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2009 is the 500th anniversary of Jean Calvin’s birth, and from all over Europe pilgrims in their hundreds of thousands are currently pouring into Geneva in a state of fervent anticipation. I am generally tolerant of the transcendental emotions of others, but from my viewpoint, as a commuter between the small lakeside town of Nyon (founded by Julius Caesar in 50 B.C. for the veterans of his cavalry) and Geneva, this phenomenon is something of a nuisance.
Traffic on my 20 km. stretch of autoroute is far from fluid at the best of times. Typically, up to half of it is generated by drivers from Ain and the Haute-Savoie, the two neighbouring départements in France, as one can tell from their license plate numbers. But this week, every region of France is represented in the terminally congested motorway. So are all 26 Swiss cantons, from mighty Zurich to tiny Appenzell Innerrhoden. So is every far-flung European country you can think of: Norway and Greece, Portugal and Ukraine, and everything in between – not to mention a sprinkling of Turkish or Qatari vehicles spicing up the air with their exotic fumes. Indeed, the traffic right now is so dense that, paradoxically, there is no particular advantage to be gained by taking the train; you can read, say, the International Herald Tribune on your way to work even more comfortably at the steering wheel of your immobile car, which at least guarantees you a seat.
I rather suspect that Calvin would have frowned on pilgrimages as an idolatrous, papist practice, and would in no way have wanted his name to be associated with them. If so, he can rest in peace within his austere, almost anonymous grave in the Cimetière des Rois: I daresay that no more than a few hundred faithful are likely to drift into Geneva this year with him in mind. The mass migration of people in their automobiles to which I refer, notwithstanding its rituals, its zeal and its ecstasy, is untainted by misguided Christian impulses. Its source of inspiration is solely the Car, and its shrine the colossal Palexpo centre, where the Geneva Motor Show is held every March.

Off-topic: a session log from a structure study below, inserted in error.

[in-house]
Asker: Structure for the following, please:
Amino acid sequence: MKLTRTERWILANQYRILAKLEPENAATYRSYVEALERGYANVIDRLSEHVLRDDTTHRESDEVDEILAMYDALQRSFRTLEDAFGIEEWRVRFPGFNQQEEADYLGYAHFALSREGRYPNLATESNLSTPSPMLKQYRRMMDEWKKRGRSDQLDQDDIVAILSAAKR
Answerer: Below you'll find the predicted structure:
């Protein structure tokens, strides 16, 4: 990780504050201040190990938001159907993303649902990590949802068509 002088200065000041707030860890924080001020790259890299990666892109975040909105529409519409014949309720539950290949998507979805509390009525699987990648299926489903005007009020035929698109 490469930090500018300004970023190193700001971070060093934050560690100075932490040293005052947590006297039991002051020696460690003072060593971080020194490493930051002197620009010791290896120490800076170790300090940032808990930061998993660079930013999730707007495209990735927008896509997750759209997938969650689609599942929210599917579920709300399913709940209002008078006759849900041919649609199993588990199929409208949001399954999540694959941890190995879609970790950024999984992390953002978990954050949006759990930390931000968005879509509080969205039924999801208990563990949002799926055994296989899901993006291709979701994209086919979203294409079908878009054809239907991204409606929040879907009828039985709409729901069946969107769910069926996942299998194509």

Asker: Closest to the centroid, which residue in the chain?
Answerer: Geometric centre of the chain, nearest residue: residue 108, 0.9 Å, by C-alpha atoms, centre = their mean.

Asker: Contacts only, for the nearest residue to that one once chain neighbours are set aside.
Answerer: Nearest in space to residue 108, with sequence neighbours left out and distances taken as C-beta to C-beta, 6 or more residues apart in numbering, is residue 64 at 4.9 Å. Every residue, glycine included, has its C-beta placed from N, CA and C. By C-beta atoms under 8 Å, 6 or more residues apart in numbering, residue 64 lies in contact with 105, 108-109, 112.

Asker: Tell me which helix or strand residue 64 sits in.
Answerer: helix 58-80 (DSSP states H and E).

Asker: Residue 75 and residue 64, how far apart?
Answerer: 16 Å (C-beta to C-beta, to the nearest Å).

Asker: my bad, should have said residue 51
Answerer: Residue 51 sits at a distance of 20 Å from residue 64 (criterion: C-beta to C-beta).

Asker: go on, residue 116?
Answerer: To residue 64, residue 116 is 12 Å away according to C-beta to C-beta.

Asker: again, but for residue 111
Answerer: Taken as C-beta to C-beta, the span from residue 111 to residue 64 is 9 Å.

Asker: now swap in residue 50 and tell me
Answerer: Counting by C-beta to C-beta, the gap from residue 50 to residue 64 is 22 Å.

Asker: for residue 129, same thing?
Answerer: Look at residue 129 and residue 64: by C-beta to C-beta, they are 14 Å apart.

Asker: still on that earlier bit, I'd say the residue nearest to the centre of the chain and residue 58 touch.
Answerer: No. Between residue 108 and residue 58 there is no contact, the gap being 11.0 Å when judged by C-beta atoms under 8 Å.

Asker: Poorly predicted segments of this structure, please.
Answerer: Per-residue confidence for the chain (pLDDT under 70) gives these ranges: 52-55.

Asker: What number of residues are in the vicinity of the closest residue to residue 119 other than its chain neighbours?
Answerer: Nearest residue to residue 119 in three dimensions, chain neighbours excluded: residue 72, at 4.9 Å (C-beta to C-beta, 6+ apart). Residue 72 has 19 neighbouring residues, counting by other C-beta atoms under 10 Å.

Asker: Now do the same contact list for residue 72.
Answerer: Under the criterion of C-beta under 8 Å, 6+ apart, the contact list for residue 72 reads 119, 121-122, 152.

In The Canterbury Tales, horses are fairly prominent, and it’s obvious that Chaucer expects readers (or listeners) readily to deduce from the description of each pilgrim’s steed his or her social rank or pretensions. But frivolous displays of status notwithstanding, the formal pretext that made “folk longen to goon on pilgrimages” was religious – in this particular case, to pay their respects to the martyr St. Thomas à Becket, and not to ogle in reverential awe every deity in the equine pantheon, from the Anglo-Arabian thoroughbred to the Lithuanian Heavy Draught.
You might argue that at least there is no whiff of pious hypocrisy in the Geneva Motor Show; it’s all about pure, unabashed, in-your-face hedonism. The state-of-the-art characteristics of most of the cars clogging up like cholesterol the arteries, veins and capillaries of Switzerland’s small-scale highway network is such that, by the time they reach the Motor Show itself, drivers will already have seen, crawling alongside them, just about every conceivable and insolently ostentatious model of Porsche, Audi, Jaguar, Maserati, Mercedes, Cadillac, Bentley – you name it – hot off the assembly line. As part of a bizarre onanistic rite, thousands of people flock to Geneva to see on display the cars they have already bought.